Other migrants were limited to 25 Swallow, five Willow and two Reed Warbler, three Blackcap, a Chiffchaff and a Wheatear. Elsewhere a record count of 16 Collared Dove leaving a night-time roost near the Station before making a brief incursion into the Recording Area as they circled around then headed inland in a single flock.

Cirl Bunting - Dean Hall

Other Wildlife: The show of  Autumn Ladies-tresses is at its peak in Greenland Lake and elsewhere with thousands of spikes in the dune turf.

Autumn Ladies-tresses - Dean Hall

Autumn Ladies-tresses - Alan Keatley

The butterfly peak has however passed, with the Gatekeeper season virtually over and with the exception of a new generation of Small Coppernotably fewer butterflies on the wing.

Small Copper - Dean Hall

A male Ectophasia crassipennis, a shieldbug hunting tachinid in the Back Meadow was the insect find of the day, this species first arrived in the UK but is already seemingly established on site.

Ectophasia crassipennis - Alan Keatley

Jersey Tiger - Dean Hall

Wednesday 23 August 2023

Wednesday 23rd August

The first Meadow Pipit of the autumn, a tardy Swift and 14 Lesser Black-backed Gull passed overhead with five Wheatear, five Whitethroat, two Reed and a Sedge Warbler further signs of the changing seasons.

Long-tailed Tit - Dave Jewell

In the estuary counts included 248 Redshank, 65 Ringed Plover, 13 Dunlin, nine Sanderling, eight Sandwich Tern, six Greenshank, six Knot, three Bar-tailed Godwit, two Mediterranean Gull, two Shelduck, a Common Sandpiper and the Dark-bellied Brent Goose.

Southern Hawker - Dave Jewell

Common Carpet - Dave Jewell

Tuesday 22 August 2023

Tuesday 22nd August

A worrying sign of the times with no terns present over the high tide, with eight Black-tailed Godwit, seven Greenshank, four Ringed Plover and three Dunlin amongst the waders.

Elsewhere a Swift was overhead and counts across site included 30 Linnet, nine Chiffchaff, four Whitethroat, two Reed and two Willow Warbler

Wildlife News: Aside from the regular hoverfly and bee species, there was little in the way of other insects with just five butterfly species recorded. Two new records from the year were however discovered, a Small Birch Bell Epinotia ramella in Dead Dolphin Wood and the ground beetle Broscus cephalotes, typically under driftwood in the Bight.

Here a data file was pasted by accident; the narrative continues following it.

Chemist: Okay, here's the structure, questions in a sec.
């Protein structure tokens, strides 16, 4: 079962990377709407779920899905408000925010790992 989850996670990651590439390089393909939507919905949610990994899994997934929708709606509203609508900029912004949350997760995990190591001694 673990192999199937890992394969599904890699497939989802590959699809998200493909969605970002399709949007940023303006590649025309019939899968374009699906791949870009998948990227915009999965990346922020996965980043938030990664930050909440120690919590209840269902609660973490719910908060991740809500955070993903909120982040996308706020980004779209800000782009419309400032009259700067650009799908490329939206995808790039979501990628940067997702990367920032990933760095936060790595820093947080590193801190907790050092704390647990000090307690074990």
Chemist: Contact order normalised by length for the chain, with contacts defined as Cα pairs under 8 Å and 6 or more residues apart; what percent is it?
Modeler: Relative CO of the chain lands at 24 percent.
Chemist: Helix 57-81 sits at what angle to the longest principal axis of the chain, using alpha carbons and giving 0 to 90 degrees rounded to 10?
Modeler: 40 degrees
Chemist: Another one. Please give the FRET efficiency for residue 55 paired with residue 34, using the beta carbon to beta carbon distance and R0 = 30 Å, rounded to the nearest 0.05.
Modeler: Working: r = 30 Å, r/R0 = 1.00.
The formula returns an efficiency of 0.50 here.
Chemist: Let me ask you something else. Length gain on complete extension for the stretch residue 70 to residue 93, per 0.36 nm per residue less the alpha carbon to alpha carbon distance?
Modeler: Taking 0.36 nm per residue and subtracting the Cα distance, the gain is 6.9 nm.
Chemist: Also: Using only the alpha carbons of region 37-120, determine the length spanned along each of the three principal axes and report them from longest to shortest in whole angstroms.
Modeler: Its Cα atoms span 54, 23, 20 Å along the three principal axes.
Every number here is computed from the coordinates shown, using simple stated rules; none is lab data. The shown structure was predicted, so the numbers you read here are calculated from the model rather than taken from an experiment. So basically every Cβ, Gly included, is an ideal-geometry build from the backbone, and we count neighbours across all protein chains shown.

Small Birch Bell - Alan Keatley

Broscus cephalotes - Alan Keatley

Sunday 20 August 2023

Sunday 20th August

Seawatching first thing saw four Balearic Shearwater, 68 Gannet, 31 Kittiwake and two Fulmar, with 26 Common Scoter on the sea. Overhead, 13 Swallow, a Swift and a Yellow Wagtail, with a Wheatear the only other migrant noted.

The highlight of the monthly WeBS count was a typically brief Green Sandpiper that circled calling, landed, but soon flew off SE. Other records included 1172 Oystercatcher, 244 Redshank, 138 Curlew, 125 Ringed Plover, 25 Dunlin, 16 Whimbrel, seven Greenshank, seven Mediterranean Gull, six Black and three Bar-tailed Godwit, just three Sandwich Tern, twos of Knot, Sanderling and Turnstone, and single Little Ringed and Grey Plover, an early Wigeon and the Dark-bellied Brent Goose.

Saturday 19 August 2023

Saturday 19th August

Seawatching post Betty's mad dash through Lyme Bay overnight, saw counts of 177 Gannet, 81 Common, 60 Sandwich, three Arctic and three Little Tern (one juv) south along with 16 Kittiwake, three Shelduck, two Mediterranean Gull and an Arctic Skua. The terns had presumably roosted overnight as most were passing close inshore.

Elsewhere 15 Long-tailed Tit, four Chiffchaff, three Reed, two Garden and  Willow Warbler were in the Entrance Bushes, with a Teal on the Main Pond. No news was received from the estuary. 

Ringing News: A Sandwich Tern present here on 4-5 August (Red N43) was ringed earlier this year on 27 March, 4,000km away at La Langue de Barbarie in Senegal! 

The first Warren recovery from this west African republic, and interestingly ringed on a date when we also expect to see birds on site. 

Wednesday 16 August 2023

Wednesday 16th August

A Little Ringed Plover and nine Knot were new arrivals in the Bight but other wader counts reduced to 20 Dunlin, eight Sanderling, seven Ringed and two Grey Plover. Also in the estuary an Arctic Tern with 42 Sandwich and a Common Tern, 242 Redshank, 150+ Curlew, 32 Whimbrel and the recently absent Dark-bellied Brent Goose.

Elsewhere a small fall of migrants overnight included at least nine Wheatear along with single Sedge and Willow Warbler.